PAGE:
Chihuahua: My other underdog

It amuses me that people are frequently more horrified that I own a Chihuahua than that I own a pit bull.

Vicious, yappy, ankle-biter. Worthless, not even a dog.

Come on, people. Let people like what they like.

I get a kick out of her.

I am not sure when I started wanting a Chihuahua of my own, but it might have started with the one I saw on the Appalachian Trail on Peter’s Mountain. He was a cool dog, and the idea of a tiny, portable hiking dog appealed to me.

It’s hard to find a Chi in the shelters around here. While they’re being killed left and right in the shelters in California and the Southwest, in the Northeast, little dogs are a hot commodity, and often don’t even make it onto the shelter’s adoption page.

I had a friend tag me on this shelter’s facebook post, and showed up the next morning with my other dogs in tow to meet her.

Potato Chip. She’d been seized by police along with her housemate after the owner was taken to prison on murder charges. The dogs had been left alone with only potato chips and crackers to eat.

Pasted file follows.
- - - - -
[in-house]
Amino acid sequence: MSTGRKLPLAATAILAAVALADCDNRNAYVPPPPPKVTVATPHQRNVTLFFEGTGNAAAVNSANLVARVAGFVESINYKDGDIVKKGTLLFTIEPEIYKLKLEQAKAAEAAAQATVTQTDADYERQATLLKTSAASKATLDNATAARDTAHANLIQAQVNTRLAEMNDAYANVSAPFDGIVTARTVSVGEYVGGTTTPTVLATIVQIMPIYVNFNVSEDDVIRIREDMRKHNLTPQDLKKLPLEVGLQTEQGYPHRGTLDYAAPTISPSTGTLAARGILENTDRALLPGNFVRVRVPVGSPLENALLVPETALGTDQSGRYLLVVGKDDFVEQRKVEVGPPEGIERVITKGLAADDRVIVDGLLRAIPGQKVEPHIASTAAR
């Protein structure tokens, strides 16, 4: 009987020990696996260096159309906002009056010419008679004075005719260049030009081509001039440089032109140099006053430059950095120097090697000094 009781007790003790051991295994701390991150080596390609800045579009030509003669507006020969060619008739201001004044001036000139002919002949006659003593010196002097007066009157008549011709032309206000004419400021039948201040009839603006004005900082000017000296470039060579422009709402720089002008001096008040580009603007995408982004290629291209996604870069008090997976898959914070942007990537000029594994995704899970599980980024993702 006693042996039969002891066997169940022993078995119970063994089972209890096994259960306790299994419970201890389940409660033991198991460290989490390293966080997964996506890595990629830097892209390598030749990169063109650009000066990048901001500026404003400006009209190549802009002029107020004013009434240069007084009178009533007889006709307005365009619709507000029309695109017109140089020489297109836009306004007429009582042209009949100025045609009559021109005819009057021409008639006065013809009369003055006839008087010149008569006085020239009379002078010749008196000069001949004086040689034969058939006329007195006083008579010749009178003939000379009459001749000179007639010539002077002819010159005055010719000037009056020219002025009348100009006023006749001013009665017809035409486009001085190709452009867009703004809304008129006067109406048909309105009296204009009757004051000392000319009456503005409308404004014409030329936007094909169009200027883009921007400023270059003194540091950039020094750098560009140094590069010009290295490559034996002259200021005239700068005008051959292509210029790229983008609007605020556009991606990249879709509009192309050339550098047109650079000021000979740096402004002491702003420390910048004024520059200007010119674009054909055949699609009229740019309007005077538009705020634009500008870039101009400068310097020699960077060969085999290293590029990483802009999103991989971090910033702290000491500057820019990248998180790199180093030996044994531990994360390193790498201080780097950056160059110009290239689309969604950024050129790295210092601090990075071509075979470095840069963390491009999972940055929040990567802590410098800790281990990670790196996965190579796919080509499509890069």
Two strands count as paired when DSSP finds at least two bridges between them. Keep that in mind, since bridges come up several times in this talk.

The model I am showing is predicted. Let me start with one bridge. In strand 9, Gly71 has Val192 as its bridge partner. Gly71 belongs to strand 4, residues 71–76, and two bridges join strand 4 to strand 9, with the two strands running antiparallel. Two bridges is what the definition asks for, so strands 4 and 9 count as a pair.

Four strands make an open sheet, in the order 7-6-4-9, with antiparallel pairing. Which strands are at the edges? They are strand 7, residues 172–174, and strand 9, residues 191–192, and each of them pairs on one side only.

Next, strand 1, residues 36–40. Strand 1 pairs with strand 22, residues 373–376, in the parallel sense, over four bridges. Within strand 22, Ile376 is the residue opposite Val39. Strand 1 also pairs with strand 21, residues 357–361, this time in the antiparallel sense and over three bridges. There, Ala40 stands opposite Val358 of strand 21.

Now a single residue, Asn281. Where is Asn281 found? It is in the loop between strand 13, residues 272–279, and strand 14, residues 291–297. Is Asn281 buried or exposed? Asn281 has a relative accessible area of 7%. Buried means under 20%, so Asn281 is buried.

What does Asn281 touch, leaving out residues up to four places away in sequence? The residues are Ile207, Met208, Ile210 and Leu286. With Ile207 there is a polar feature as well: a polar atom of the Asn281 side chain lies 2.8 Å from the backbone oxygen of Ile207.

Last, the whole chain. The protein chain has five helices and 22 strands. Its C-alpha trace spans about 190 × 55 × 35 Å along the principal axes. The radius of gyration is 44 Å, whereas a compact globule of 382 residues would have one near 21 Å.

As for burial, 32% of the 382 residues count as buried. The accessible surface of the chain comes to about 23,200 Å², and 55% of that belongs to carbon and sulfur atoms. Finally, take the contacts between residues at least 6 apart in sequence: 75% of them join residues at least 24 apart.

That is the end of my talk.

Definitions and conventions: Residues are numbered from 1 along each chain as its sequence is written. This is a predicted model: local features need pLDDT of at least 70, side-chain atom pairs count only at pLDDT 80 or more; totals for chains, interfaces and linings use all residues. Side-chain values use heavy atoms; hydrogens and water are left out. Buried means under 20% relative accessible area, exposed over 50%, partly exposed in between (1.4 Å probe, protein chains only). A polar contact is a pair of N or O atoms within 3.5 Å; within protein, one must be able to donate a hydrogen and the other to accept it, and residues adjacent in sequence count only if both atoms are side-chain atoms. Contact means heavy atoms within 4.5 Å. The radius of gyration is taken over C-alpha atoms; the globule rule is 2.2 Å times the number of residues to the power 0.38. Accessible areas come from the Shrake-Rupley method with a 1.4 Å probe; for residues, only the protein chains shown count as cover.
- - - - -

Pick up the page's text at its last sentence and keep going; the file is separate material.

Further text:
Little Potato Chip was quiet, not-fearful, and tolerant of being touched. She was scared out of her gourd, too. She met my big dogs without worry, and they were fine with her.

By the time I filled out my application for her, there were several more people at the shelter to look at her.

Happily my application checked out, and I was able to adopt her a week or so later.

I renamed her Tweak.

She’s a hoot.

She’s aloof with strangers. She is absolutely yappy. She plays tug like a monster, chases squirrels, chews bones. She wears her tutu and her pink party dress with attitude.

She climbs mountains like a boss.

This was the last rock scramble up Mt. Killington in Vermont. Up above 4000 feet. Up above treeline. She hiked the whole thing by herself.

(It was really freaking cold on top.)

She is a great dog in all the ways my “real” dogs are great dogs. She’s fun. She’s feisty. She is a great cuddler, and I enjoy having a lapdog who doesn’t smash me.

But people look at her or hear about her and make all kinds of assumptions about her because of her breed.

Just as my pit bull has yet to eat a baby, my Chihuahua has never bitten anyone’s ankle. She’s never bitten anybody. I’ve yet to step on her and break her (though I did sit on her once).

She’s a lot of fun, despite her breed’s reputation.

Despite the stereotypes.